You bring up a good point, but its not technically a problem because the drones in combat are under the direct operation of a controller who is morally and legally responsible for the activity of that craft. Besides the controller, there may be spotters on the ground helping to direct the drones targeting.



posted on Sep, 4 2013 @ 09:55 PM
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reply to post by James1982
 

Let me explain this another way...
No matter what rules are set for driving there will always be automobile deaths that occur, right?
So does that mean that we shouldn't try and prevent as many of those deaths as possible by setting responsible speed limits, and other motor vehicle operational rules?

See where this is going?



posted on Sep, 4 2013 @ 09:56 PM
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Originally posted by defcon5
reply to post by James1982
 


Collateral damage on the civilian population is an unfortunate and sometimes unavoidable side effect of war. The rules were put in place to limit that as much as possible. By limiting weapons to ones that have to be directly targeted, or attended and controlled by their operator, they attempt to limit their use to only other combatants.

Just to further prove my point...
This is also why its considered against the rules of conflict to kill non-combatant soldiers as well. Examples of non-combatant soldiers being: medics, war correspondents, and Chaplains. As long as none of those personnel pick up a weapon, under various rules of conflict, they are not to be killed or fired upon.
edit on 9/4/2013 by defcon5 because: (no reason given)


I do fully understand the difference between weapons which can be targeted, and those that can't like chemical weapons, your point is well taken. I didn't want you to think I was ignoring your point or being purposefully stubborn.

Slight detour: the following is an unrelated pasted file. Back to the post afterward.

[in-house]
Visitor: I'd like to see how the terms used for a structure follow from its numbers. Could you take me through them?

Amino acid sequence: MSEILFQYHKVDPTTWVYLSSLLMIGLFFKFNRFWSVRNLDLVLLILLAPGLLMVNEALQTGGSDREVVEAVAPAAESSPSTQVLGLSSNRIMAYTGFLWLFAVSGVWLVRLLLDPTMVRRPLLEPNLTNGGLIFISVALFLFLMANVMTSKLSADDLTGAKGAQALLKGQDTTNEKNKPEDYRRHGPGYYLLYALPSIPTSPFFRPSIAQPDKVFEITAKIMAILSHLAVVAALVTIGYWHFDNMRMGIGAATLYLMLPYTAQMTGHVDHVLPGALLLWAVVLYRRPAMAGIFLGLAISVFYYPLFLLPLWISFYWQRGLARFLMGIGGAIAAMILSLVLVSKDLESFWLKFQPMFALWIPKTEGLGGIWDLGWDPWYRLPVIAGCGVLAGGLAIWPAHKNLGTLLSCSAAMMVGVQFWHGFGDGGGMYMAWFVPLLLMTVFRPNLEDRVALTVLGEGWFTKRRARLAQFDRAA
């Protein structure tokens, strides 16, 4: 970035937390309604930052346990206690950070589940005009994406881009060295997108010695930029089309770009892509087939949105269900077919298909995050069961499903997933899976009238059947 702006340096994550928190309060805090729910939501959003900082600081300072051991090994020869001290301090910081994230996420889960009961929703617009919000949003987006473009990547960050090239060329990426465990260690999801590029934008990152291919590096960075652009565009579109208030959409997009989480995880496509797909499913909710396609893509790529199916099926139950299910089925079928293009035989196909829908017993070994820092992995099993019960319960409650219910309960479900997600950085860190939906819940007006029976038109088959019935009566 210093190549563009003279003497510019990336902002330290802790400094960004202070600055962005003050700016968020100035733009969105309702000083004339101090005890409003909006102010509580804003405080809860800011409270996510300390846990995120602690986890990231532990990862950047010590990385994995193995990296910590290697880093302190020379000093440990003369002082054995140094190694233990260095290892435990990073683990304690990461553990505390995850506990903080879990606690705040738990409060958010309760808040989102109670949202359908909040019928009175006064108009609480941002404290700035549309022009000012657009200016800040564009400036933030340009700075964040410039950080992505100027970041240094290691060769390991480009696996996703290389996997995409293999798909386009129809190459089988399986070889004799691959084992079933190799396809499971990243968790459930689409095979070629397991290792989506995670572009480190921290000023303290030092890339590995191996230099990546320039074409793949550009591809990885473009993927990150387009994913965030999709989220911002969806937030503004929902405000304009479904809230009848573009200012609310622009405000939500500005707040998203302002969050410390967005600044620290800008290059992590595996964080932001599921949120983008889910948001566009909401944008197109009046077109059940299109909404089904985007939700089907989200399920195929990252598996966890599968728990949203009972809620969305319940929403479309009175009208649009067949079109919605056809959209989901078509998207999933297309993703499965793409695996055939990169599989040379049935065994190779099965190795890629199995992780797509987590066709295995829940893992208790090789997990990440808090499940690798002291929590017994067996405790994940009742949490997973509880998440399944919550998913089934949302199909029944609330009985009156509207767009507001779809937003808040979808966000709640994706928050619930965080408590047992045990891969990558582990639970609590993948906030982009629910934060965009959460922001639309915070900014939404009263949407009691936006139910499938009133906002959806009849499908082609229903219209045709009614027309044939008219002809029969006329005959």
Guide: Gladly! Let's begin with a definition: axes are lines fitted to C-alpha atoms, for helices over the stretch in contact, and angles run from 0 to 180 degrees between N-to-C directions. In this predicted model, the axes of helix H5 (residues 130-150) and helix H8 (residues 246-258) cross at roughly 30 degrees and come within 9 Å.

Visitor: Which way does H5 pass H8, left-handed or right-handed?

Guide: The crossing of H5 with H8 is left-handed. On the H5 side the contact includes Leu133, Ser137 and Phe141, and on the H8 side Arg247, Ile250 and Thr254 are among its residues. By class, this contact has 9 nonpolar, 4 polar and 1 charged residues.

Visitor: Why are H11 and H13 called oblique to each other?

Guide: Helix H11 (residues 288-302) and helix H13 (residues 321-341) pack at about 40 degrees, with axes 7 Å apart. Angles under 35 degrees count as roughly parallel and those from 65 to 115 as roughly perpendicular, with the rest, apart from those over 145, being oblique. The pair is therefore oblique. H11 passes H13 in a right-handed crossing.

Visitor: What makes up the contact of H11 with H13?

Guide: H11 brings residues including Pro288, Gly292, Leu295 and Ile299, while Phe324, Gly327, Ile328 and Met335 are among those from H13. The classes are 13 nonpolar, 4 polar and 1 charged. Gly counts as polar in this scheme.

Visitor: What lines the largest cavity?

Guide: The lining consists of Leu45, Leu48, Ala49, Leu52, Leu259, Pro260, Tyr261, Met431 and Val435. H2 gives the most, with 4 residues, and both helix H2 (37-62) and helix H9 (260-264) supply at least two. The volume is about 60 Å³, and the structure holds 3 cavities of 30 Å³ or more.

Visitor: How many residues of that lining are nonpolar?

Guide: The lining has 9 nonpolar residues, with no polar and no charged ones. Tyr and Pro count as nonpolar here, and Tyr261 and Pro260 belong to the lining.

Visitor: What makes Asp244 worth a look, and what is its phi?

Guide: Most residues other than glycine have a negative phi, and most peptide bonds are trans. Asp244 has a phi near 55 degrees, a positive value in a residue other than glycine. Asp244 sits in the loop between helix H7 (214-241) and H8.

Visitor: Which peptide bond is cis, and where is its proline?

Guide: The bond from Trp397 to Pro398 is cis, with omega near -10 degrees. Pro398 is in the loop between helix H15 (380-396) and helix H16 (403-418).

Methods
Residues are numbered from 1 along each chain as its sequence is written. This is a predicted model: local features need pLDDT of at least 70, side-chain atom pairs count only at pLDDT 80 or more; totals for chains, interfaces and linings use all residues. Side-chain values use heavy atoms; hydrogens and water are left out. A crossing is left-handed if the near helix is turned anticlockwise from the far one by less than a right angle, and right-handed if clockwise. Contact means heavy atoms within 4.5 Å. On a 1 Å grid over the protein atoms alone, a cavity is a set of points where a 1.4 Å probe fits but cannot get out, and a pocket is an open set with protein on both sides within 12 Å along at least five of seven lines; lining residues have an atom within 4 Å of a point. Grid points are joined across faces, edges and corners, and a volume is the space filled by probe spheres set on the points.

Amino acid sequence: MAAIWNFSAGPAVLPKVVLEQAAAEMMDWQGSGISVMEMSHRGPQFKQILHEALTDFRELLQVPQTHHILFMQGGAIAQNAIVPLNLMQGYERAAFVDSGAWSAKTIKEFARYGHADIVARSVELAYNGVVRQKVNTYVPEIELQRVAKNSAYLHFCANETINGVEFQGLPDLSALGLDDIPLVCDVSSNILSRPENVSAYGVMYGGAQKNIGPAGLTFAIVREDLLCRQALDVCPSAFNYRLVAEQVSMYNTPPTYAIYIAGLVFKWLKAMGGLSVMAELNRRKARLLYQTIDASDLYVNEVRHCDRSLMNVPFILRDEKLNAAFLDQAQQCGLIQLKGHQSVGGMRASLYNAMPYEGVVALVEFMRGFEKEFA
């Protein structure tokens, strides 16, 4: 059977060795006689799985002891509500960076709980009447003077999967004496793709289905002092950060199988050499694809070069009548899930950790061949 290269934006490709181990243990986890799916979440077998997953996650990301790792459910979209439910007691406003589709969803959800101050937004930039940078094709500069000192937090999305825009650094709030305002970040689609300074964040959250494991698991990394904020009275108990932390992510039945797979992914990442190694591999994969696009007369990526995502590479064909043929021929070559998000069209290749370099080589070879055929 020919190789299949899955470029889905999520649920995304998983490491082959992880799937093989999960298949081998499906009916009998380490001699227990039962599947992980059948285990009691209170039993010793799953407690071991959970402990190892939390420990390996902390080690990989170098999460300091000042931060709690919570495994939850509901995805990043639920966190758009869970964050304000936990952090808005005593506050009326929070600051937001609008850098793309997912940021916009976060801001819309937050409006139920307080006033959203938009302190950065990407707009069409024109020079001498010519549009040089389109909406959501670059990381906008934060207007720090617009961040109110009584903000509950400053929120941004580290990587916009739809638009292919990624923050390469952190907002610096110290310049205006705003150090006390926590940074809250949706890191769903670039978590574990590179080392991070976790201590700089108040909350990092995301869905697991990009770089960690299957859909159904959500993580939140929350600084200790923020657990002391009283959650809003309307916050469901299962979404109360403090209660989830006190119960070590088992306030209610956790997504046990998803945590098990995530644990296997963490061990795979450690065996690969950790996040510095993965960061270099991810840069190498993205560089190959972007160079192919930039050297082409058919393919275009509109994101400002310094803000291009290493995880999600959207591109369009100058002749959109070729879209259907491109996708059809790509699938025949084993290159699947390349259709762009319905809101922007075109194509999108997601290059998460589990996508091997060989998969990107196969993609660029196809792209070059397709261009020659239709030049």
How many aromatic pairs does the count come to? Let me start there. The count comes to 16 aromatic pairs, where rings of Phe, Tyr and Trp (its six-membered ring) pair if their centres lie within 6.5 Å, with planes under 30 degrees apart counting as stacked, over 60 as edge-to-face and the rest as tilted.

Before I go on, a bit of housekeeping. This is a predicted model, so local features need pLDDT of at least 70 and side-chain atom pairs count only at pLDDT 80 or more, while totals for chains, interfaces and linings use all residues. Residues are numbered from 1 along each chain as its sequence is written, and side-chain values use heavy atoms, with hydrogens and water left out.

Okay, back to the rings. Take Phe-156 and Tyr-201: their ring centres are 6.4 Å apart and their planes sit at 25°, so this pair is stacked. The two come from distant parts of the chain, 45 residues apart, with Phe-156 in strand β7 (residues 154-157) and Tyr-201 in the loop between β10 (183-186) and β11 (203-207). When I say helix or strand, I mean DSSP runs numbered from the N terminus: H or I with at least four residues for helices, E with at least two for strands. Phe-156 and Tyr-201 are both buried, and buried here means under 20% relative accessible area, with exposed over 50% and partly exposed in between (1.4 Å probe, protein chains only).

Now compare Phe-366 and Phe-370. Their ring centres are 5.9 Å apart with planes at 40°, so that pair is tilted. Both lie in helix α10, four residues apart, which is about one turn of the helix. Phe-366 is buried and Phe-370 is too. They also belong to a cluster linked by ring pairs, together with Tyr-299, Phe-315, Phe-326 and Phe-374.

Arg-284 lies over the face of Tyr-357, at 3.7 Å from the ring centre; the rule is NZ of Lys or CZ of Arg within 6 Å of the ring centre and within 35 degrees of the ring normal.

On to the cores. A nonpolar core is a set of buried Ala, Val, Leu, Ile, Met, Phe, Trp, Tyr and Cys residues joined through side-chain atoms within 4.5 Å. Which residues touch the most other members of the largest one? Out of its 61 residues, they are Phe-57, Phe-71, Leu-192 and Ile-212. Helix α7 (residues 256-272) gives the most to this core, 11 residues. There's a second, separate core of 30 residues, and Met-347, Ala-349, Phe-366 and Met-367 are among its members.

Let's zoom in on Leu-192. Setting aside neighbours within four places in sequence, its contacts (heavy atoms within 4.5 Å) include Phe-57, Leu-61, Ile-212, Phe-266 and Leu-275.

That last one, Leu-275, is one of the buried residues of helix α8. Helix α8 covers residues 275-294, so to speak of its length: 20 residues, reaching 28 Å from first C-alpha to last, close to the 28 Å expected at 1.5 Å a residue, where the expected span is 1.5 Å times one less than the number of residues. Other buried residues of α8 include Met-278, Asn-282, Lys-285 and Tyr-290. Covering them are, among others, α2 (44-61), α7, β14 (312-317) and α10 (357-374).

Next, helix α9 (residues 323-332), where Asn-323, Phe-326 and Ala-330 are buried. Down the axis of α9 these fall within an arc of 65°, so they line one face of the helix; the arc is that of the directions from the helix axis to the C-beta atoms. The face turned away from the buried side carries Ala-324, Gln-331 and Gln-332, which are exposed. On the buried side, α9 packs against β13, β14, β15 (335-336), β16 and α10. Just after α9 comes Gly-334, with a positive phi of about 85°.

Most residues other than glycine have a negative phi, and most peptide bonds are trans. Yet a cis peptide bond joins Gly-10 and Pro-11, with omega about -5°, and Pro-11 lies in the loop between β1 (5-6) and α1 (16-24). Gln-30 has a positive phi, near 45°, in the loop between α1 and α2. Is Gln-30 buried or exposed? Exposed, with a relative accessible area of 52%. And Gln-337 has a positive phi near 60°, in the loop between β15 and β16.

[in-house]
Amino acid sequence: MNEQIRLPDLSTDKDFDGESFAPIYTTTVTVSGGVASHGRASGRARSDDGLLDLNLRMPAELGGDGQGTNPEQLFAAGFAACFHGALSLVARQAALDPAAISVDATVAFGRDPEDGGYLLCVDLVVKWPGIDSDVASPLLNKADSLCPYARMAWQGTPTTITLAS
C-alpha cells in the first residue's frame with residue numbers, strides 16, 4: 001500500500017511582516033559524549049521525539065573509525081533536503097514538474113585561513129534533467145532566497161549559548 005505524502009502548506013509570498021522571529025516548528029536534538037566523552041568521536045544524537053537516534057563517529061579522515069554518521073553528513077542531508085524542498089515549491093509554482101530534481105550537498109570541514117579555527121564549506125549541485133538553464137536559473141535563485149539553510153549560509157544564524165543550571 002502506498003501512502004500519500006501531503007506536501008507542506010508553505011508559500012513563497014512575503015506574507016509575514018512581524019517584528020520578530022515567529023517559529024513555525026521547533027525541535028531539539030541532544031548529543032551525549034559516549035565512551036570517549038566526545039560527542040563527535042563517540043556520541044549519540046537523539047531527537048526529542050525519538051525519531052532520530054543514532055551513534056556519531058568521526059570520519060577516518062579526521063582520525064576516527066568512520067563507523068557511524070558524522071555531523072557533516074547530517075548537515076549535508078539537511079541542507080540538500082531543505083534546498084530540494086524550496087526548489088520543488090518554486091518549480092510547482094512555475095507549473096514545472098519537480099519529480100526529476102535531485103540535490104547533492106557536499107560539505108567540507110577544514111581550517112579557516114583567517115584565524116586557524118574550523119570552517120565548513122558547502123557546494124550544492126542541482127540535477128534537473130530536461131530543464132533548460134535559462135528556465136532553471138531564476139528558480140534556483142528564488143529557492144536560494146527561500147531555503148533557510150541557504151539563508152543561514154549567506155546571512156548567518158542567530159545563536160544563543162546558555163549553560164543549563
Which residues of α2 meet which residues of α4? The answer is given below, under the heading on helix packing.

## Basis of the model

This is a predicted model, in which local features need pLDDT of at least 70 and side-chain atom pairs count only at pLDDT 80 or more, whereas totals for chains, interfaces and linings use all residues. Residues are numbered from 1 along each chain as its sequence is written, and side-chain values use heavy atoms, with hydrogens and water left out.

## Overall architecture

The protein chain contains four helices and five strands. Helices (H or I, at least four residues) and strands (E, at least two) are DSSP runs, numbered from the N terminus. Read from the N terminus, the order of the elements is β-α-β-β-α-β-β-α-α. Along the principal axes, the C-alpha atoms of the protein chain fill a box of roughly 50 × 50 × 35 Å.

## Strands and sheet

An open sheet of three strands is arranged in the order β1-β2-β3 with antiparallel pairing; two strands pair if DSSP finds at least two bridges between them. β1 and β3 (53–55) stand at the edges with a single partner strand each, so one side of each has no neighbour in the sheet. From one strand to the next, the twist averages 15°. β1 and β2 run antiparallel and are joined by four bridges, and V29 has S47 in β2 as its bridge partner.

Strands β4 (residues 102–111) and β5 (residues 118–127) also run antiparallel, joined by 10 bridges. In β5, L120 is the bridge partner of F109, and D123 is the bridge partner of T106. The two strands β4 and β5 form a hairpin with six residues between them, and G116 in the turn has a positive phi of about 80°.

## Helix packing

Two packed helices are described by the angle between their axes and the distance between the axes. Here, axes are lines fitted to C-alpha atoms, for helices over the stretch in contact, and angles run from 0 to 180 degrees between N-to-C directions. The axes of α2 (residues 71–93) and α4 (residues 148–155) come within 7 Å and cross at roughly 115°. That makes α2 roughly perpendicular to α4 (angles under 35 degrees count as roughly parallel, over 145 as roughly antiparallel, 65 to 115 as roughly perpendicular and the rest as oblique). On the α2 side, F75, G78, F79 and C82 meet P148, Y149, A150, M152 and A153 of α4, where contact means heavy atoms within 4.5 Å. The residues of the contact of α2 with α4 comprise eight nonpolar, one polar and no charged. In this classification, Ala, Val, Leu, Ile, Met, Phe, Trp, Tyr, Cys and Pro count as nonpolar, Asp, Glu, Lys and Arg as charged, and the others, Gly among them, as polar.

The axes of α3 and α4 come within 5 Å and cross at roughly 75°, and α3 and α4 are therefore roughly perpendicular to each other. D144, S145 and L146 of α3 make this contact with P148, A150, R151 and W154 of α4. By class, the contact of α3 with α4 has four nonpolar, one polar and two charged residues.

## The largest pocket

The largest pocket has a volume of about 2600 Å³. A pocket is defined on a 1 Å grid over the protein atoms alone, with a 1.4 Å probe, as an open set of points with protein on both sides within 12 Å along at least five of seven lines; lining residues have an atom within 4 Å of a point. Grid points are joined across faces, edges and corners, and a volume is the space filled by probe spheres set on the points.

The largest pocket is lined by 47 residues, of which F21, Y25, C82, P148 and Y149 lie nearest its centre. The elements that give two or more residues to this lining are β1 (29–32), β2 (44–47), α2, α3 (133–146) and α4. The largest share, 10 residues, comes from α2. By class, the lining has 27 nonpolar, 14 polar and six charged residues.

But even guns, artillery, and guided bombs aren't perfect. Once you squeeze off a round, it doesn't matter who the intended target is. If you are in a crowded area full of civs shooting an the enemy, you are going to hit innocents. The issue is warfare taking place in civilian areas in the first place. It doesn't matter whether you use guns, bombs, or chemical weapons, if there is a battle in an area heavy with civies they are going to die.

Basically my point is that these rules of war make war easier to perpetrate and accept. That is not a good thing, and I guess it just comes down to a difference of opinion, and I can and do respect yours on the matter.

There was a time, not that long ago, where firearms were considered to be a breach of "the rules" it was seen as a horrific and unfair advantage.

Once we got over that, then we thought it was only acceptable to march in straight lines and shoot at each other while the rulers watched with glee while drinking tea at the top of a hill. The idea of actually hiding and specifically targeting individuals was seen as horrible and uncivilized.

These rules of what's acceptable in warfare are constantly changing and are based on the needs and wants of those making the rules. Of course anything that gives your enemy an advantage needs to be demonized.

And who has the right to make these rules on what's acceptable? If you willfully enter into an agreement to not use such weapons, then you are breaking an agreement and that's a different story. Syria never signed or agreed to the chemical weapons ban, why do we feel we have a right to make rules on how they conduct war within their own borders?